Tigers' fresh talent shows promise at Connecticut

Lynn Henning
The Detroit News

They call it the "short season," those summer farm leagues that often are loaded with freshly drafted college players earning their first professional checks — and getting an early taste of professional baseball.

The Single A Connecticut Tigers are managed by former Tigers catcher Mike Rabelo three weeks into the first month of the New York-Penn League's 2015 season.

Take a peek at Connecticut's individual stats and you appreciate why Rabelo likes first baseman Tanner Donnels (.433 on-base average, .933 OPS), outfielder Victor Padron (.444, .908 in 13 games), catcher Kade Scivicque (.448, .888), as well as pitchers Dominic Moreno (0.00 ERA, 0.65 WHIP), Trey Teakell (0.00, 0.44), Tyler Alexander (0.00, 0.43), and Jake Shull (0.0, 0.50).

The Tigers have played only 21 games, which is why Rabelo is quick to mention the "small sample size" that puts into clearer context the Connecticut prospects' numbers.

But apart from stats Rabelo can look at his 2015 cast and offer early critiques, beginning with Donnels, 21, a 6-foot-2, 210-pound, left-handed batter from Loyola Marymount (Los Angeles) whom the Tigers got in the 21st round of June's draft.

"He's on fire right now," Rabelo said of Donnels, who can play right field as well as first base, and who has two doubles in nine games. "He's been hitting since he got here. He's squaring up pitches, too — those hits aren't cheap ones.

"He's got a fairly quick bat that stays in the zone a long time. He's got good length to his swing. He's a good ballplayer."

Padron, who this month turned 21, is a Venezuelan and left-handed batter who is only 5-foot-8, 160 pounds. He plays left field and has a double and triple in 13 games, which includes a .448 batting average in his last 10.

Scivicque was the Tigers' fourth-round choice in June from Louisiana State University. He bats right-handed, stands 5-11, weighs 223, and was considered at LSU the equivalent of a football offensive lineman the way he blocked — in this case, pitches in the dirt.

The only thing Rabelo hasn't been able to figure out about Scivicque is how to pronounce his French-flavored name.

"I call him Kader," Rabelo said, with a laugh. "But he's been pretty good back there. Defensively, he has fairly soft arms. Has an average arm. And he can swing the bat.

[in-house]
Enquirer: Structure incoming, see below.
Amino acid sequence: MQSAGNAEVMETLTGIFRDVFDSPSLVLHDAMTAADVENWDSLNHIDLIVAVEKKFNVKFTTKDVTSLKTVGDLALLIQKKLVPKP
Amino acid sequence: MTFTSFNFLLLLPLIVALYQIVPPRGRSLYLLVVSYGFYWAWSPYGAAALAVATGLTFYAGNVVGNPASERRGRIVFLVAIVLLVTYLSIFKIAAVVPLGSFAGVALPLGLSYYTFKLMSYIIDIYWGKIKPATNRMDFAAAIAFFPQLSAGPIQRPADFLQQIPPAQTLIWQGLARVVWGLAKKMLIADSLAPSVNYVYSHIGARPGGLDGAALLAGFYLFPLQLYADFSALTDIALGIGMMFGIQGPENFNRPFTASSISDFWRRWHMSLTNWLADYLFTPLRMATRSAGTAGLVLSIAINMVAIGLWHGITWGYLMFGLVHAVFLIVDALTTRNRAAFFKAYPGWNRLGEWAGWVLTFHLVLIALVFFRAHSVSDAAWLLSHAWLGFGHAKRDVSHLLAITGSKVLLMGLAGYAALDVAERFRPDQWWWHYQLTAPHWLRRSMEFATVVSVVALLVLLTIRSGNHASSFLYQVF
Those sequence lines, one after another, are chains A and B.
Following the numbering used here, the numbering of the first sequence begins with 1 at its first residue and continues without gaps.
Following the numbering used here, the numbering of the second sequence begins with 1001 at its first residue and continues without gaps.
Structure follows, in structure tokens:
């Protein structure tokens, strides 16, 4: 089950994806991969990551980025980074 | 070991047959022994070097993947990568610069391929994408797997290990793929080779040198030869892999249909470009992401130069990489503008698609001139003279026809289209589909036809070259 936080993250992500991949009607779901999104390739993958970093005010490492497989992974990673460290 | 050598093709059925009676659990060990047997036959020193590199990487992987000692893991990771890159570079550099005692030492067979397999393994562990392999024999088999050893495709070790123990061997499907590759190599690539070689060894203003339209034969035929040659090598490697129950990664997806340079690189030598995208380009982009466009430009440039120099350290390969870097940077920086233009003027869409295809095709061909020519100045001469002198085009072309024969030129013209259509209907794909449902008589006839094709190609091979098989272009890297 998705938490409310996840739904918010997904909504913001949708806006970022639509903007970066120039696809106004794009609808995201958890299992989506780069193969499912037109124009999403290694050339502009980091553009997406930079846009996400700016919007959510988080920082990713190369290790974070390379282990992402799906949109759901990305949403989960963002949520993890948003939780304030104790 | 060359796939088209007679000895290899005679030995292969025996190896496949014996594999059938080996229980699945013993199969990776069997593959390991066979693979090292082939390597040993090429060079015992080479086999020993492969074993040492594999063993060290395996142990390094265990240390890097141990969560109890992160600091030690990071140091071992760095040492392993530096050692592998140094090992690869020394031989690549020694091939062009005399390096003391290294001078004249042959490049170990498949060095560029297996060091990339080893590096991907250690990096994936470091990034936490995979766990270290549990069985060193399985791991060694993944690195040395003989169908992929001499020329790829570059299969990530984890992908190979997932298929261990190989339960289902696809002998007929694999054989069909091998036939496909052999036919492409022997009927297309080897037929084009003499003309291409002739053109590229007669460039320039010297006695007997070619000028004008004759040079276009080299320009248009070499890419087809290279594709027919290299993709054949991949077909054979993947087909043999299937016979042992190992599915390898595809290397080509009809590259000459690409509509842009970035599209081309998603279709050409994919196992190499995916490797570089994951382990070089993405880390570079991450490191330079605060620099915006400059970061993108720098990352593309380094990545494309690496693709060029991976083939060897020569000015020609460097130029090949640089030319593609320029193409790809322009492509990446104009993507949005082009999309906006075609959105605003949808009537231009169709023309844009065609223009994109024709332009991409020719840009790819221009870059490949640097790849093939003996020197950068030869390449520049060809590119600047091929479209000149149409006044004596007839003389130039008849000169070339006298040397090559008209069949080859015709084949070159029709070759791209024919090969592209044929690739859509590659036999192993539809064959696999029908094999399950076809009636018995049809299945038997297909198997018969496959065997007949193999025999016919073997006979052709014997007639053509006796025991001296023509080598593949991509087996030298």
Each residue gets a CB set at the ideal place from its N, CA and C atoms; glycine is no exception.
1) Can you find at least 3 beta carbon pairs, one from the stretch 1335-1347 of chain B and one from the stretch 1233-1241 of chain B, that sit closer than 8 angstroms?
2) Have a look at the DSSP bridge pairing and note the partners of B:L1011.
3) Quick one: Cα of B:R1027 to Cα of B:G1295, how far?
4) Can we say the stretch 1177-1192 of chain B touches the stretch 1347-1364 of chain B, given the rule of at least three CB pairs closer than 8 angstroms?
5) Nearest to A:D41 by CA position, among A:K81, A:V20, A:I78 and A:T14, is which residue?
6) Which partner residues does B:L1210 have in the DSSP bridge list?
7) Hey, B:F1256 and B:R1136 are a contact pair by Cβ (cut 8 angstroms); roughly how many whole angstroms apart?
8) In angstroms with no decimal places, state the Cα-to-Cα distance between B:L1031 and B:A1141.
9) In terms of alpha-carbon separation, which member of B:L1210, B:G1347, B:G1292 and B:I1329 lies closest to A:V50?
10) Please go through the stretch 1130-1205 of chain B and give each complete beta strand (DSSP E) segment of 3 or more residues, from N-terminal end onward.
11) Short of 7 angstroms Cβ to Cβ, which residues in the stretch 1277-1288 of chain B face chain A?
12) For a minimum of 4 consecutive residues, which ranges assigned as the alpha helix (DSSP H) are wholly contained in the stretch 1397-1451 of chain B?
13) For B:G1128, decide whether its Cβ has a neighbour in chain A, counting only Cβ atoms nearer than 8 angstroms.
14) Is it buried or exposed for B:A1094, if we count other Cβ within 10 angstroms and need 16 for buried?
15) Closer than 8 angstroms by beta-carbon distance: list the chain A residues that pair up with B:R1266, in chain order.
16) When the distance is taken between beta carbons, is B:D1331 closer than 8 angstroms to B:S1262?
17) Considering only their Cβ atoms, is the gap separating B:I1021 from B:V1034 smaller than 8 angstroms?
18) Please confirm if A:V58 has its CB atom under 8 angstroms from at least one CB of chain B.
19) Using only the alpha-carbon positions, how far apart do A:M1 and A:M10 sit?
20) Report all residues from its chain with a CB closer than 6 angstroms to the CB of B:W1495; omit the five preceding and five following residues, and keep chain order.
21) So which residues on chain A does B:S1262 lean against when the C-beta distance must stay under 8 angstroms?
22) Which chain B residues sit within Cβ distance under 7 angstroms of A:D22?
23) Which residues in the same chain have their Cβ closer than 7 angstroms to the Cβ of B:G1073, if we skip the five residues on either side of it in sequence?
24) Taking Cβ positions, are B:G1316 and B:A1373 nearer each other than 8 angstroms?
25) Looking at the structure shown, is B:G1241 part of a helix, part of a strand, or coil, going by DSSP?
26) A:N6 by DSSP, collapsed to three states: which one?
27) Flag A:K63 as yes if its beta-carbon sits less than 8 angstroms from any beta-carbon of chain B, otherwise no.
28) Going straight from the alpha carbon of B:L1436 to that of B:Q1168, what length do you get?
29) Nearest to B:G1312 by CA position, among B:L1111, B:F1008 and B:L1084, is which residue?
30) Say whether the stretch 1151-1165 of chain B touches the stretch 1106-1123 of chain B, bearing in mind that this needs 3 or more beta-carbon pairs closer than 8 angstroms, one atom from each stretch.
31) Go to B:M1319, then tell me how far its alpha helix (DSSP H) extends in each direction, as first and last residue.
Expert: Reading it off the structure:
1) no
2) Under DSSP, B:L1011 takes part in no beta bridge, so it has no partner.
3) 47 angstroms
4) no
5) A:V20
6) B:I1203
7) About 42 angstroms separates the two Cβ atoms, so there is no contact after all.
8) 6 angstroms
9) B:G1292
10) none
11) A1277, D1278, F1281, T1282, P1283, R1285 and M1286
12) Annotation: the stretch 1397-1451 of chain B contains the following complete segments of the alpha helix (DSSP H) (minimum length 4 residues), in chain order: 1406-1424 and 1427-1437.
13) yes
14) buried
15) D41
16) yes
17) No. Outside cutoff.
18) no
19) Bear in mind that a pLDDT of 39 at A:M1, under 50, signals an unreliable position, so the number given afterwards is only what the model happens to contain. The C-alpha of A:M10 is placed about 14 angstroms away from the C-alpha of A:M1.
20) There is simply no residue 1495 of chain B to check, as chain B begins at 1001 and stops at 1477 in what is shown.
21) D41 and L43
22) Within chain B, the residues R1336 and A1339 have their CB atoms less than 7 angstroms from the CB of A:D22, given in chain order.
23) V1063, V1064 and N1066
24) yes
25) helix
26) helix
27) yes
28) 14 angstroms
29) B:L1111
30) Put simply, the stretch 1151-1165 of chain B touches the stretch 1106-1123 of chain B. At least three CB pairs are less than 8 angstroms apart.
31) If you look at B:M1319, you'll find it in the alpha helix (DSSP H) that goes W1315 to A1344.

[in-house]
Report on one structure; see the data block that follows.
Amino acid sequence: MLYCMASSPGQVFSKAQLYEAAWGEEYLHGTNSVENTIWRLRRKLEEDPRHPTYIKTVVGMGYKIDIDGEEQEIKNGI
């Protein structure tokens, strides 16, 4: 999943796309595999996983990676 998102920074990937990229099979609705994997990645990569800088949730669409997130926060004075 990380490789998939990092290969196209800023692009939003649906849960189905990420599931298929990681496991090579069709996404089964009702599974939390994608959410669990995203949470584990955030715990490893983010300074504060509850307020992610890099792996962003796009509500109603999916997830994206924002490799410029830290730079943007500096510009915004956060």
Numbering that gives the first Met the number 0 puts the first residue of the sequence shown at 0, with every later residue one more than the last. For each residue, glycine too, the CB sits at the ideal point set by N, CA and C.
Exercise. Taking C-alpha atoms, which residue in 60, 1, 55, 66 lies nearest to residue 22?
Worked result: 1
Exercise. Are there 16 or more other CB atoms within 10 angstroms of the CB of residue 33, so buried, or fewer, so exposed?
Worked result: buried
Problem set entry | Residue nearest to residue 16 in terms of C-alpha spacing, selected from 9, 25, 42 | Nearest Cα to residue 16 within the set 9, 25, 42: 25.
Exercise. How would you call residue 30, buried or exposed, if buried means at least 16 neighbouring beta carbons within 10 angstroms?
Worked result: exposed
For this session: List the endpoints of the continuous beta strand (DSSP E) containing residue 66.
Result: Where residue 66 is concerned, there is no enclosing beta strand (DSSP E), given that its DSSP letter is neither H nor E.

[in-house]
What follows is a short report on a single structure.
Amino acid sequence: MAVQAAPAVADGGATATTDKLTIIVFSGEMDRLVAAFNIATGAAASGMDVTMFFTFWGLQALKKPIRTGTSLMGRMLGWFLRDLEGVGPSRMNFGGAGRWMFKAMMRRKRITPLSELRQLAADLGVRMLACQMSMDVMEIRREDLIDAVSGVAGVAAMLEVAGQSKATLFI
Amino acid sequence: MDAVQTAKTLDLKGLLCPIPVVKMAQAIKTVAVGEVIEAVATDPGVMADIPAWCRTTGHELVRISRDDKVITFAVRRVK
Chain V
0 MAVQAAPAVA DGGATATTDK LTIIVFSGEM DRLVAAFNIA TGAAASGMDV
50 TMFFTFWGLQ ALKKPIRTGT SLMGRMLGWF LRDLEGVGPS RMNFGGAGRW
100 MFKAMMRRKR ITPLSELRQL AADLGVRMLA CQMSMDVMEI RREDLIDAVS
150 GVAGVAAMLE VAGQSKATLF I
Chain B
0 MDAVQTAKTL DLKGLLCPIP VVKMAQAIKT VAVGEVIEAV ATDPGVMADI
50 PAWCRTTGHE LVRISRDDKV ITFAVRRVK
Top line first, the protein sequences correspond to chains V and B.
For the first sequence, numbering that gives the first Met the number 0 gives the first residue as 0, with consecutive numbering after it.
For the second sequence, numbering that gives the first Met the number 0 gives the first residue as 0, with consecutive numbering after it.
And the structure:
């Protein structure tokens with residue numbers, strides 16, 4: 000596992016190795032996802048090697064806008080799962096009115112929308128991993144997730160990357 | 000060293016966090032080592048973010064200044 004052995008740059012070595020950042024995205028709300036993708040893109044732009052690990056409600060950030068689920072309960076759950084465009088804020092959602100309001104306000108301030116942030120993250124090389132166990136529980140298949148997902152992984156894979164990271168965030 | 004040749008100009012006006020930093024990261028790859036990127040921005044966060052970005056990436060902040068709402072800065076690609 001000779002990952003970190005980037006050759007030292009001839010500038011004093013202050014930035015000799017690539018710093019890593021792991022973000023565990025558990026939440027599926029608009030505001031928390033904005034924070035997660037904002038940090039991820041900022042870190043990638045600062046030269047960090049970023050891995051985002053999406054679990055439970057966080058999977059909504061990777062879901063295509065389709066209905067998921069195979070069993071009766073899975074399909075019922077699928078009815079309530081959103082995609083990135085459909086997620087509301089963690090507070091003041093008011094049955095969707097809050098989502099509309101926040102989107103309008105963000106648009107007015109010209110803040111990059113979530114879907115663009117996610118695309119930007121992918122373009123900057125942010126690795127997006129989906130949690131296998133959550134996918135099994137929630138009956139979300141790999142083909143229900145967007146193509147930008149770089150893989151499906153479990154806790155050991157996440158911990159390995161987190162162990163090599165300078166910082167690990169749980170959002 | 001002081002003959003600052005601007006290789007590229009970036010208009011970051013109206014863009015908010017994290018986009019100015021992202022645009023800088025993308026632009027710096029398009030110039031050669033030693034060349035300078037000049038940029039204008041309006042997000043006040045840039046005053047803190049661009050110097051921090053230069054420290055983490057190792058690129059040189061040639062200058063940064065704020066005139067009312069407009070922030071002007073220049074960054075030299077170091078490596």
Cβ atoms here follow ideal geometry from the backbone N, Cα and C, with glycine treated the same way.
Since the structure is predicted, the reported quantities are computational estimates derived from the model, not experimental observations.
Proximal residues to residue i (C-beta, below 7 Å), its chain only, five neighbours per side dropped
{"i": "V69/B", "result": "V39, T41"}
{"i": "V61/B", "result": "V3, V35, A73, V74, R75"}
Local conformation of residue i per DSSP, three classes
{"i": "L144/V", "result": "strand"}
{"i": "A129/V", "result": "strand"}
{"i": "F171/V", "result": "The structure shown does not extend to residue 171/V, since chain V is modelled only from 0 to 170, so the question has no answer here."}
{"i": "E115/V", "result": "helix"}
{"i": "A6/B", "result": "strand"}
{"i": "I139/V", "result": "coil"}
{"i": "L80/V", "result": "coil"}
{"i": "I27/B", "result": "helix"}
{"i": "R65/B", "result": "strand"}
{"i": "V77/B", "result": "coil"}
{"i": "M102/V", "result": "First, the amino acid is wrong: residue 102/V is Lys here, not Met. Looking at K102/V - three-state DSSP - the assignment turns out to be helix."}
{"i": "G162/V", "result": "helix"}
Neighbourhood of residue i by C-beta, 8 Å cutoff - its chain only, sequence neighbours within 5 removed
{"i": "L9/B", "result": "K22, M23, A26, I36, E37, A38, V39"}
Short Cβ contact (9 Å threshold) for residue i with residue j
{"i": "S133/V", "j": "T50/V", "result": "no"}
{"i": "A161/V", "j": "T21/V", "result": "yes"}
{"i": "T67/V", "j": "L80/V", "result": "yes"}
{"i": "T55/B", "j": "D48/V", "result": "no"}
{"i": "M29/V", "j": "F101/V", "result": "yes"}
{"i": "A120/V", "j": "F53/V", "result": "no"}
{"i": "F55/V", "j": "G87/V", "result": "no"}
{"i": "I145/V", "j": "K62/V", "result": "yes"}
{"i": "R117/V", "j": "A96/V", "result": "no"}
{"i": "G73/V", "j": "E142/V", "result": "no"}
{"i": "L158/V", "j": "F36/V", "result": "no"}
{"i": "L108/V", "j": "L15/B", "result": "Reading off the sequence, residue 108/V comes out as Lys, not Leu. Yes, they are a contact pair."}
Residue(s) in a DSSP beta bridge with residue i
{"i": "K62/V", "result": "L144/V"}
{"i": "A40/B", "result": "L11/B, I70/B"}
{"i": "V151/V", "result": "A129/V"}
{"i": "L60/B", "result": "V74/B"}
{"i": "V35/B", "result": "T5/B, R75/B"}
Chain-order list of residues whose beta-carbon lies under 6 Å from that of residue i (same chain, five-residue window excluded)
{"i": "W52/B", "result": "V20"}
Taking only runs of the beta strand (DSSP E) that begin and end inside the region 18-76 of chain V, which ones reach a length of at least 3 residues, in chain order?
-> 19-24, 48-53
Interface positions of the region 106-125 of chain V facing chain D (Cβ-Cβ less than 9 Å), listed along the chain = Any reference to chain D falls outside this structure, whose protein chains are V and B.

"He wants to learn. I always see him with our pitching coach. Carlos Chantres, discussing certain things during a game. He's hard-nosed and everything you'd want in a player."

Christin Stewart, an outfielder who was the Tigers' June compensation pick, taken between the first and second rounds as payback for losing Max Scherzer to free agency, has had a slower start: .244 batting average, .821 OPS.

But the Tigers liked Stewart's powerful left-handed bat when they scouted him during his days at the University of Tennessee. And Rabelo can see why.

"He's got big-time pop — as advertised," Rabelo said of a 21-year-old who has two home runs, a triple, and two doubles in his first 12 games with the Tigers. "He hit a ball the other night at State College, and I mean it was way out, at a place where the ball doesn't usually carry. Obviously, that's his calling card — his pop.

"He's starting to work the ball to the other part of the field. He's getting better. He's starting to lay off some pitches he perhaps might have swung at earlier. The last three games he's turned out some pretty good at-bats."

Among early returns on Connecticut's pitchers, Rabelo says Moreno, a right-hander from Texas Tech and an eighth-round pick in June, "throws hard, with a pretty tight slider."

Alexander, conversely, is a left-hander who was the Tigers' second-round grab (Texas Christian). He doesn't overpower batters as much as he polishes them to death.

"The Alexander kid is real smooth," Rabelo said of a pitcher who has allowed only one hit in two games, spanning seven innings. "A lot of finesse. And he's still only 20 years old (turns 21 on Tuesday), with a big body (6-3, 180).

"He threw the other night, three innings, maybe 27 pitches, just pounded the strike zone with a pretty little slider."

Other revelations — and, no doubt, less glittering numbers — will arrive as Connecticut's season wears on. But for now there's enough raw talent converging to at least make a former big leaguer and current Single A manager understand why some players disappeared early — and later — in 2015's big-league draft.